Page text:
The Effects Of Today's Technology On One's Vision

SAN DIEGO, Dec. 10, 2013 -- Approximately 40 percent of Americans spend three or more hours per day looking at a computer screen or hand-held device, and those numbers are expected to increase during the holidays with all the iPads, DS's, and learning tablets that will be given as presents this holiday season.[1] While the compulsion for technological devices has grown, so have the associated vision-related disorders such as computer vision syndrome (CVS), which affects approximately 90 percent of individuals who spend three or more hours per day looking at a computer screen. Dr. Sandy T. Feldman -- a nationally-recognized ophthalmologist and corneal expert at Clearview Eye & Laser Center in San Diego -- warns patients that these problems could turn into more serious vision issues if left untreated or unaddressed.

"If we as a society are going to continue to rely on technology and technological devices in both our personal and professional lives, we must also take precautions to help prevent or reduce the strain that technology is having on our eyes," said Dr. Feldman. "Studies show that between 50 to 90 percent of people who work on a computer experience some sort of issue with their vision. These numbers will only continue to grow -- especially during the holidays when people have more free time -- if we don't take the necessary steps to protect our eyes from all the overstimulation."

To rule out any potential vision issues, Dr. Feldman offers the following tips to help reduce the risk of overstimulation on the eyes and prevent other major vision problems from developing:

  • Reduce the glare -- Changing the lighting in a room or using a glare filter over a computer screen or cell phone can help to protect the eyes. One can also try moving the monitor or phone around and/or closing the blinds or shades until the glare disappears.
  • Rest the eyes -- In order to give eyes a break, it is best to look far away from the screen every 20 minutes and focus on another object for at least 20 seconds. To keep eyes moist, individuals should try and blink often or use eye drops to lubricate the eyes if necessary.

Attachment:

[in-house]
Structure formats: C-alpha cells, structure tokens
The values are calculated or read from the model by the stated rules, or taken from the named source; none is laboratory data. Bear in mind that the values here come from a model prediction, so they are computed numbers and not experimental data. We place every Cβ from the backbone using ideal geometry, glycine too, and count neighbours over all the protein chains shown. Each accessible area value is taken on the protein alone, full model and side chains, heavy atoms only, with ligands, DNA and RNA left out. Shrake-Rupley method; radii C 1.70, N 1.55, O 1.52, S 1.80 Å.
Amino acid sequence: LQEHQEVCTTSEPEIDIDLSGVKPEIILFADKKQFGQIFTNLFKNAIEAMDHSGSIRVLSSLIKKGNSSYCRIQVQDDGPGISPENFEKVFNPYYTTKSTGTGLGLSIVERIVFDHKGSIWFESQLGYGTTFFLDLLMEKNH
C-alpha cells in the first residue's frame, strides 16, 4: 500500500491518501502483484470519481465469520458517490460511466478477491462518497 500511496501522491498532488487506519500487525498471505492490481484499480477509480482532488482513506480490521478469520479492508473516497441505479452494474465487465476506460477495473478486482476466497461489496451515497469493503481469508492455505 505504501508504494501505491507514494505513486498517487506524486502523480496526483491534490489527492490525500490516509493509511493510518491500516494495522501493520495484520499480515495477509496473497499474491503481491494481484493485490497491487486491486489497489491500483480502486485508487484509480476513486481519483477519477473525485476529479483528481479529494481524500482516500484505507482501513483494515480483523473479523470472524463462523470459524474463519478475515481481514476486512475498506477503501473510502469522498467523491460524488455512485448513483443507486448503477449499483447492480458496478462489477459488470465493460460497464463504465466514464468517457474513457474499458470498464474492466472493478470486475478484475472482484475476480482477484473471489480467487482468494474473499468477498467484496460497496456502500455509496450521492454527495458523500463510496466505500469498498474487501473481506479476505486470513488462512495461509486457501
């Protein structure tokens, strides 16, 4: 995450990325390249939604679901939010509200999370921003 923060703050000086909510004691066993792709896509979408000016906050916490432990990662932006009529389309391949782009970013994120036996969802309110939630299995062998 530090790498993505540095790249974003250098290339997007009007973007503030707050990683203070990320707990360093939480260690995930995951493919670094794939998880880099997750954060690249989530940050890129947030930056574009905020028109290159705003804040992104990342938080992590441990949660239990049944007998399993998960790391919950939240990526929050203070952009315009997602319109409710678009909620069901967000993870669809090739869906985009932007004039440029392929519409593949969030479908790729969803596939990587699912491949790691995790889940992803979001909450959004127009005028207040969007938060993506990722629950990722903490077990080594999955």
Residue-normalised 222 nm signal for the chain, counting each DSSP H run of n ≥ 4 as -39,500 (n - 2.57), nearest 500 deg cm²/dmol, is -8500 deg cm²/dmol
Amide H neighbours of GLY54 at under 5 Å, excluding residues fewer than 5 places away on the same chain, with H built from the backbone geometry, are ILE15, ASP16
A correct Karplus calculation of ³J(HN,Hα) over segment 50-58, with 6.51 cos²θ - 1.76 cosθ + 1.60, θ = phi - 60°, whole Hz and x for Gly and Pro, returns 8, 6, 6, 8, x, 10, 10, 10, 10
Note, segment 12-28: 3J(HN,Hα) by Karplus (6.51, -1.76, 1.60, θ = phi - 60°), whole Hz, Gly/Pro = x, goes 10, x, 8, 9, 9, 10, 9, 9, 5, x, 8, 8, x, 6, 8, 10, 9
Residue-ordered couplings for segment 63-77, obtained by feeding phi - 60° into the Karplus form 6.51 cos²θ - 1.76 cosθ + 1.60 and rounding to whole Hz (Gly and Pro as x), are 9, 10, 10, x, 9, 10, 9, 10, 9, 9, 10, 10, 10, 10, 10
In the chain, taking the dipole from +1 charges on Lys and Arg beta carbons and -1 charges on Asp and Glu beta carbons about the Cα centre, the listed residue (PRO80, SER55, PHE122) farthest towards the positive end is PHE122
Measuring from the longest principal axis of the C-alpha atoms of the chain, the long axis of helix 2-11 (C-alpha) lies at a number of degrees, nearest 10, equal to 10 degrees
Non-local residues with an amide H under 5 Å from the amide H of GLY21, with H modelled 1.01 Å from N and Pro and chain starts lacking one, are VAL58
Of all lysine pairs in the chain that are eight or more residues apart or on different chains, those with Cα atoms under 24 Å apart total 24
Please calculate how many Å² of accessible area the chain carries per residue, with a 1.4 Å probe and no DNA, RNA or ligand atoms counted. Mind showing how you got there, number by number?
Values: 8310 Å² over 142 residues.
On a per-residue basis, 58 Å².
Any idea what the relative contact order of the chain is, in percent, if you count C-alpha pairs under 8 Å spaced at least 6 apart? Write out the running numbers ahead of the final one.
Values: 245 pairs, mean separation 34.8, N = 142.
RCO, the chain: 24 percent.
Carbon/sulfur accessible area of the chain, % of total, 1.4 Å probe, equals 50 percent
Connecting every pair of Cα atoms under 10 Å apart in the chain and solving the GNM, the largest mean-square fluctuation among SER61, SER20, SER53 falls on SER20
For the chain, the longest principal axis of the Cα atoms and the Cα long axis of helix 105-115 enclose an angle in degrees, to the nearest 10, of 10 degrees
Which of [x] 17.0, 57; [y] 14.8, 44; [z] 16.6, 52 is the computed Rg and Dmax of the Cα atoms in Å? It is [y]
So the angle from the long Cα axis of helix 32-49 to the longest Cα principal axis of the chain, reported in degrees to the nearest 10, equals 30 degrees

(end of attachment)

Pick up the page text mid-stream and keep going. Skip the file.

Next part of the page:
• Make adjustments at your desk -- Experts suggest that a computer monitor should be positioned slightly below eye level, with approximately 20 to 28 inches separating the monitor and one's face.
  • Adjust computer settings -- In addition to adjusting elements in one's immediate surroundings, the settings on the computer can be adjusted as well. Individuals should adjust the font size, contrast, and brightness until their eyes become well adjusted.
  • Use an app adjust the computer background light to approximate natural light - This might help reduce overstimulation and being kept awake by exposure to bright white light.

[1] American Optometric Association

About Dr. Sandy T. Feldman

As a leader in the field of ophthalmology, Dr. Sandy T. Feldman has participated in FDA clinical studies of Personalized LASIK. Currently, she is involved in studies of a new treatment to halt the progression of keratoconus, a disease in which the fitting of contact lenses can become challenging. In 2009, she was one of ten laser eye care providers in the U.S. to receive the Goldline Award as seen in Forbes Magazine. In 2010, she was awarded the Silver Elite RealSelf award, and in 2011, she was awarded Top Doc San Diego, inducted into the prestigious American College of Ophthalmic Surgeons and was one of the nation's 15 leading laser eye surgeons as seen in Newsweek magazine. In 2013, Clearview Eye & Laser Medical Center was voted best LASIK center in San Diego by CityBeat Magazine. Dr. Feldman is a member of the American Academy of Ophthalmology and American Society of Cataract and Refractive Surgery.

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